By Gina Lee
Investing.com – The dollar was down on Thursday morning in Asia, alongside falling Treasury yields, as the U.S. Federal Reserve resolutely kept to a dovish stance in the .
The that tracks the greenback against a basket of other currencies inched down 0.07% to 92.405 by 12 AM ET (4 AM GMT), near a more than two-week low.
The pair inched down 0.10% to 109.73.
The pair inched up 0.09% to 0.7621 and the pair inched up 0.10% to 0.7018.
The pair inched up 0.09% to 6.5472 and the pair edged up 0.17% to 1.3758.
The Fed’s failed to offer any new catalysts to dictate the market direction and remained cautious about the road to recovery from COVID-19. The central bank reiterated its pledge to continue monetary policy support for the economy until the recovery was on a more solid footing, even as unprecedented stimulus measure saw the U.S. recovery gather pace.
However, some investors remained optimistic about the U.S. currency’s prospects.
“Hard to argue that the U.S. macro outperformance trade is exhausted; the strong vaccine drive, reopening and stimulus set to produce some exceptionally strong rebound data in the next several months,” Westpac analysts said in a note, which also forecasts a run at 94.5 for the dollar index (DXY).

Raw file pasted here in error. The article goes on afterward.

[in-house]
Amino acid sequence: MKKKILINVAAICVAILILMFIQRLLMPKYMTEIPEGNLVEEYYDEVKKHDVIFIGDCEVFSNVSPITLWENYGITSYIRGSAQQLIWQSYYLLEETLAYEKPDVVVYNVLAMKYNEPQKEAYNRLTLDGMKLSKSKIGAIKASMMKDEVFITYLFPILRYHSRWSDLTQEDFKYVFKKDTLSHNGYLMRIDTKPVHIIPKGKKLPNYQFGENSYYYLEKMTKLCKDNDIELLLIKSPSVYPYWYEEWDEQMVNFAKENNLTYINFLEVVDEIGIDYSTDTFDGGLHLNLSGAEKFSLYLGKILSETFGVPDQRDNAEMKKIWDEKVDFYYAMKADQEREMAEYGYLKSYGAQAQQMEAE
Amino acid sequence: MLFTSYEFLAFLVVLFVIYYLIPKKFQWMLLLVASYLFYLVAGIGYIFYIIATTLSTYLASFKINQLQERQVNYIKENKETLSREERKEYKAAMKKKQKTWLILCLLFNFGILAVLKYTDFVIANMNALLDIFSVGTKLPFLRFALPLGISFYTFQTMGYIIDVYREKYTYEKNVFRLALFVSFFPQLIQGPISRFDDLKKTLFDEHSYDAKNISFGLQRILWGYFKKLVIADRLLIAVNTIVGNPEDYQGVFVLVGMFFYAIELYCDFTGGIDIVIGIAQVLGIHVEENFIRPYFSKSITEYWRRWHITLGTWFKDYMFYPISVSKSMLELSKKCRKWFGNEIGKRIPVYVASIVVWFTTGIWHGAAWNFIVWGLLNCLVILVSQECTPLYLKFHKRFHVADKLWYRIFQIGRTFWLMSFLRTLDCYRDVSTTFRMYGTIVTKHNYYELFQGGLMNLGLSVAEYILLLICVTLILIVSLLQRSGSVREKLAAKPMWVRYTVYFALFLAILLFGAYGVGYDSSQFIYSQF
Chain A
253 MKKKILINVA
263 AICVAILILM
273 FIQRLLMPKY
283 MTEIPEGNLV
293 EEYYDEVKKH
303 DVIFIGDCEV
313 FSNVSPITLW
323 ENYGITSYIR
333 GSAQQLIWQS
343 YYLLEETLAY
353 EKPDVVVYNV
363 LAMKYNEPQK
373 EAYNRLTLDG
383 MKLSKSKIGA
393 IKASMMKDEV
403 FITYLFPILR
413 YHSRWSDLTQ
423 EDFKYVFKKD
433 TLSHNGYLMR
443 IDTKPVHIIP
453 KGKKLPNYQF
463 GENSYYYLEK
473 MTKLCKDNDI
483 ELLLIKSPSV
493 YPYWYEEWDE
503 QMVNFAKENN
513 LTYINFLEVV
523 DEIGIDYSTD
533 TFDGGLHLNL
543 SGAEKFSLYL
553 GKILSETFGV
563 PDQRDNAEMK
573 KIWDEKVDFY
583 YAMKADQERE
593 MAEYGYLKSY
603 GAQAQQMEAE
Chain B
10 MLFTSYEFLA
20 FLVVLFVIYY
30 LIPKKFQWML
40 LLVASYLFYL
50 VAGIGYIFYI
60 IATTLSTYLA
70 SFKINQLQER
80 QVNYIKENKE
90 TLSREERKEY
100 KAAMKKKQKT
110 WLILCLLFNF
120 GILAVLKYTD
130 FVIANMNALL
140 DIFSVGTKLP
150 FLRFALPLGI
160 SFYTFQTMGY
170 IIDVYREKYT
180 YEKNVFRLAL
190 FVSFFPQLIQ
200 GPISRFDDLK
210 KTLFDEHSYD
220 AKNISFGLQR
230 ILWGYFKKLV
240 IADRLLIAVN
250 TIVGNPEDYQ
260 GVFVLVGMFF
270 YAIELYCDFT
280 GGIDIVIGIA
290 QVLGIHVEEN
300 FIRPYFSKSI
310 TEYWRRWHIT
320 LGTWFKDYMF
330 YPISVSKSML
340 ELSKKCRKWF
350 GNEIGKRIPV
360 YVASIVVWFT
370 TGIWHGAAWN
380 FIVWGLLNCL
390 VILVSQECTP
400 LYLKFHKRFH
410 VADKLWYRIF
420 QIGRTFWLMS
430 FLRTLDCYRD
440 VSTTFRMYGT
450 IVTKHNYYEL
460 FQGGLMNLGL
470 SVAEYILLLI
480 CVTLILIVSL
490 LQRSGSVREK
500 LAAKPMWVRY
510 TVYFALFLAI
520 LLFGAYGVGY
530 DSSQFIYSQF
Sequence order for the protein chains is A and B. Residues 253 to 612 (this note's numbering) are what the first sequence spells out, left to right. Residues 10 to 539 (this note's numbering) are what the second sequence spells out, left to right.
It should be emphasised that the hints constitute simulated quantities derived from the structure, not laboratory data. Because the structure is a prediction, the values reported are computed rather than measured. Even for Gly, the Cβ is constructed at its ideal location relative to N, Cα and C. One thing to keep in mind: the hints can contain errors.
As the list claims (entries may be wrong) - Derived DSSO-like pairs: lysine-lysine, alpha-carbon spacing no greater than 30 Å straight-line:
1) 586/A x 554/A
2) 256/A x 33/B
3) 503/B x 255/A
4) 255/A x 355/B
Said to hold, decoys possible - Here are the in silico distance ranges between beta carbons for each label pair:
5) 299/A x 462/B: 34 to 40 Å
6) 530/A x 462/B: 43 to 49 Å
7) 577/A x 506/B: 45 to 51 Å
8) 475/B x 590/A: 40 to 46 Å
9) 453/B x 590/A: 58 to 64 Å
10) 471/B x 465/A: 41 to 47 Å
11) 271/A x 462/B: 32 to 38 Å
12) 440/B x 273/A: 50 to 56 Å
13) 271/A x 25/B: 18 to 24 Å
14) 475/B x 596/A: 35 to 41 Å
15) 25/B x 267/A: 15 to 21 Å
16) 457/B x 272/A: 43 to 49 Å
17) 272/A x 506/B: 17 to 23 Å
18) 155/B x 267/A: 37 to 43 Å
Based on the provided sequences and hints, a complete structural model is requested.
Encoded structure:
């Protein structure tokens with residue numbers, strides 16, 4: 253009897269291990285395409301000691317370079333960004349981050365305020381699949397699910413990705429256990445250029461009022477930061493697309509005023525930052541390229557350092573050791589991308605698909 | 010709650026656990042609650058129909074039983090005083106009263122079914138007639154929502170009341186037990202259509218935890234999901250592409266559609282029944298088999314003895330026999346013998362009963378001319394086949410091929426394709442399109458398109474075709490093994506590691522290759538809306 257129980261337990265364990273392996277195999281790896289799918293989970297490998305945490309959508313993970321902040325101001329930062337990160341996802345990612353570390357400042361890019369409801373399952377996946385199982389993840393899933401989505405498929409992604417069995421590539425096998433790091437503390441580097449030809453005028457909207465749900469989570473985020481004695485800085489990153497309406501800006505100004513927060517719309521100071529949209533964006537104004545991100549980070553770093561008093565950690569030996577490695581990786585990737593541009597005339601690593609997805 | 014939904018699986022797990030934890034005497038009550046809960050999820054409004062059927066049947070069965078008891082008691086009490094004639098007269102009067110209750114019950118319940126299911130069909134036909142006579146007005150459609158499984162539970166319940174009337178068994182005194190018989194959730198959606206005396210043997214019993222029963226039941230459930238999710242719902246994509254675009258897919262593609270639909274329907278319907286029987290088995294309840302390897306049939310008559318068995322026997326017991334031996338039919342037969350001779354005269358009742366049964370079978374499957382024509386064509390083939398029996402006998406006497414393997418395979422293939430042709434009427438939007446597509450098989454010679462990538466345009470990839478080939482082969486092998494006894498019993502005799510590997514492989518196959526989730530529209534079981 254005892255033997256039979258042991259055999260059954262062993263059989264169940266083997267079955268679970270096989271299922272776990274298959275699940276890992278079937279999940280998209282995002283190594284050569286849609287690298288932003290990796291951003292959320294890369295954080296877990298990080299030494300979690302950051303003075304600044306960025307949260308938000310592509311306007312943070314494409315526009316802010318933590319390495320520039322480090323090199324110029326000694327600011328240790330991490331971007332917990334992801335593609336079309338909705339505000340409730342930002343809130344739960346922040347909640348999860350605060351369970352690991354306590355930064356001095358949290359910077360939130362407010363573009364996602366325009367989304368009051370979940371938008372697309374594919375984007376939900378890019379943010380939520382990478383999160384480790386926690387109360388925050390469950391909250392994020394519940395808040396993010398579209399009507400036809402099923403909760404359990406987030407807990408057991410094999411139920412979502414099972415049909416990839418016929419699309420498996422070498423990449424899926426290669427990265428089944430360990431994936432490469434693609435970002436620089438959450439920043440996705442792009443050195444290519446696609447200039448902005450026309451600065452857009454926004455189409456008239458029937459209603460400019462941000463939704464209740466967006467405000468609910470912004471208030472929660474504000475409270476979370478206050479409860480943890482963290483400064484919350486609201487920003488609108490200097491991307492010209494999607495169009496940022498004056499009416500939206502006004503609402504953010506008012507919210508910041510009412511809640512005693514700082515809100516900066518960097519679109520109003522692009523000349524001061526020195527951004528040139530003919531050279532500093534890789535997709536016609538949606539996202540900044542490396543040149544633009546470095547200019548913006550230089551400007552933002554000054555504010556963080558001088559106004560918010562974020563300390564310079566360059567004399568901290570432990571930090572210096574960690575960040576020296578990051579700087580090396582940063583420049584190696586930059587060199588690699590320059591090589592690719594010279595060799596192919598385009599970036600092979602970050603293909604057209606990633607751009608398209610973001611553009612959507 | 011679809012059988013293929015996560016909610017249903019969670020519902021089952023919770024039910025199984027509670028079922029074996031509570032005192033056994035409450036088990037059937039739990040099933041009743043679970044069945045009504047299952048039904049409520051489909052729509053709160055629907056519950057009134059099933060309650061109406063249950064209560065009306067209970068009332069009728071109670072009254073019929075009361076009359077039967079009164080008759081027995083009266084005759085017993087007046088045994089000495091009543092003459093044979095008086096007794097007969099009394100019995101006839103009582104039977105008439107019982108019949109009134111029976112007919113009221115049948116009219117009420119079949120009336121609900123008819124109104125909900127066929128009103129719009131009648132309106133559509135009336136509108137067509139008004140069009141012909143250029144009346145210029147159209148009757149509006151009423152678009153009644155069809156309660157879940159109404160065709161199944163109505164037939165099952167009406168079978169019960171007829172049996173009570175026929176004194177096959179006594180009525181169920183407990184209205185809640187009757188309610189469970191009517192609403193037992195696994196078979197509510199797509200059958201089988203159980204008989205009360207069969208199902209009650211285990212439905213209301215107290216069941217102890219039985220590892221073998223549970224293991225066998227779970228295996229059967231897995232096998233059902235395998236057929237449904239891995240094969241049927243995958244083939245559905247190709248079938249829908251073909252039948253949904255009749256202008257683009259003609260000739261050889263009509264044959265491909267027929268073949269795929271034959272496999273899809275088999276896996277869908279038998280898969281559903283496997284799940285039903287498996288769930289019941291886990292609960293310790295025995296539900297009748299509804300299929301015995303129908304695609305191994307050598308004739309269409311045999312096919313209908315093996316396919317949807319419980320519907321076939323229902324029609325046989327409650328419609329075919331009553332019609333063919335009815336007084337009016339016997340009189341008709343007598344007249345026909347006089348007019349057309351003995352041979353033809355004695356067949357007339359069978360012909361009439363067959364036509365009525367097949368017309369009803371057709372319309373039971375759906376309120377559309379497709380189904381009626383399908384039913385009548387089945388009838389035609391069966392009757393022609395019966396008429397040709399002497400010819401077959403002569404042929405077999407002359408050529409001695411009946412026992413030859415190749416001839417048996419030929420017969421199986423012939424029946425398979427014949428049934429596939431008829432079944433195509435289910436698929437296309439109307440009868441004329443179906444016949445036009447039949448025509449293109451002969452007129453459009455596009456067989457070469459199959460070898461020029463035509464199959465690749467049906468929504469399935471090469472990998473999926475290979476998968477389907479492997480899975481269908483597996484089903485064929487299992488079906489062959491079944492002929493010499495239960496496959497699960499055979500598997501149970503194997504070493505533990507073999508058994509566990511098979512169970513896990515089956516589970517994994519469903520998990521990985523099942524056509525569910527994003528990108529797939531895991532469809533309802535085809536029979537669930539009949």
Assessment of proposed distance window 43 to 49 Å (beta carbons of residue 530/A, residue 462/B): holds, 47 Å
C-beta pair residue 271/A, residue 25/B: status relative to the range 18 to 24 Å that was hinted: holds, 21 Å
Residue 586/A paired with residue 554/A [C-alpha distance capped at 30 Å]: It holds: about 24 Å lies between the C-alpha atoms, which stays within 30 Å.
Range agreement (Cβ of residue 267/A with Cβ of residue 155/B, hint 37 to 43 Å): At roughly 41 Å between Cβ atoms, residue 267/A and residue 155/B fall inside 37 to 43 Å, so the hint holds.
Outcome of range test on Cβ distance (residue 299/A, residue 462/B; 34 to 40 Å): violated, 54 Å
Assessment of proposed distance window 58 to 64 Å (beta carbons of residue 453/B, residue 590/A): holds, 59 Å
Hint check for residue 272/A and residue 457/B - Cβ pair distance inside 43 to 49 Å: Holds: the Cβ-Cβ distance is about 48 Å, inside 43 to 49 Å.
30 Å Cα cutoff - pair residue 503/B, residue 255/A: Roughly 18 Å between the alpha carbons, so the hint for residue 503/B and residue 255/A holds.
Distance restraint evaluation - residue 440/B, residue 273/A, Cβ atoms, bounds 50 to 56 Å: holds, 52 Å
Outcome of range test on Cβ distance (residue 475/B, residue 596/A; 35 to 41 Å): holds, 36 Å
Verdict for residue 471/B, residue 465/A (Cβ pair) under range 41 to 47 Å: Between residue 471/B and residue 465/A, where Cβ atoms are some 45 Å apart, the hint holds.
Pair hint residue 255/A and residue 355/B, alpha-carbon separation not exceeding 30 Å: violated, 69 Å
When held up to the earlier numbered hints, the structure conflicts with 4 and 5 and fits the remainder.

“Admittedly though, the next DXY upleg may take a few weeks before it develops momentum – a lot of good news is priced in,” the note added.
U.S. Treasury yields were also on investors’ minds as the benchmark hovered near 1.67% on Thursday after dipping below 1.63% during the previous session.
Although the market’s direction is difficult to call, Citigroup (NYSE:) Global Markets Japan’s chief currency strategist Osamu Takashima expects the next move for the greenback to be lower.
“Current market sentiment is mild risk-on, and under such circumstances, the dollar will weaken gradually – but no big moves,” with the retreat in U.S. yields also removing a driver for dollar gains,” Takashima added.
Across the Atlantic, the euro consolidated around the $1.1865 mark as it rebounded from an almost five-month low of $1.1704 touched on Mar. 31.
“The vaccination progress in the Eurozone is significantly lagging that of the U.S., and COVID-19 infection rates in the Eurozone are on the rise again… as such, is vulnerable to a move lower towards 1.1700 in the near‑term,” Commonwealth Bank of Australia (OTC:) strategist Joseph Capurso said in a note.
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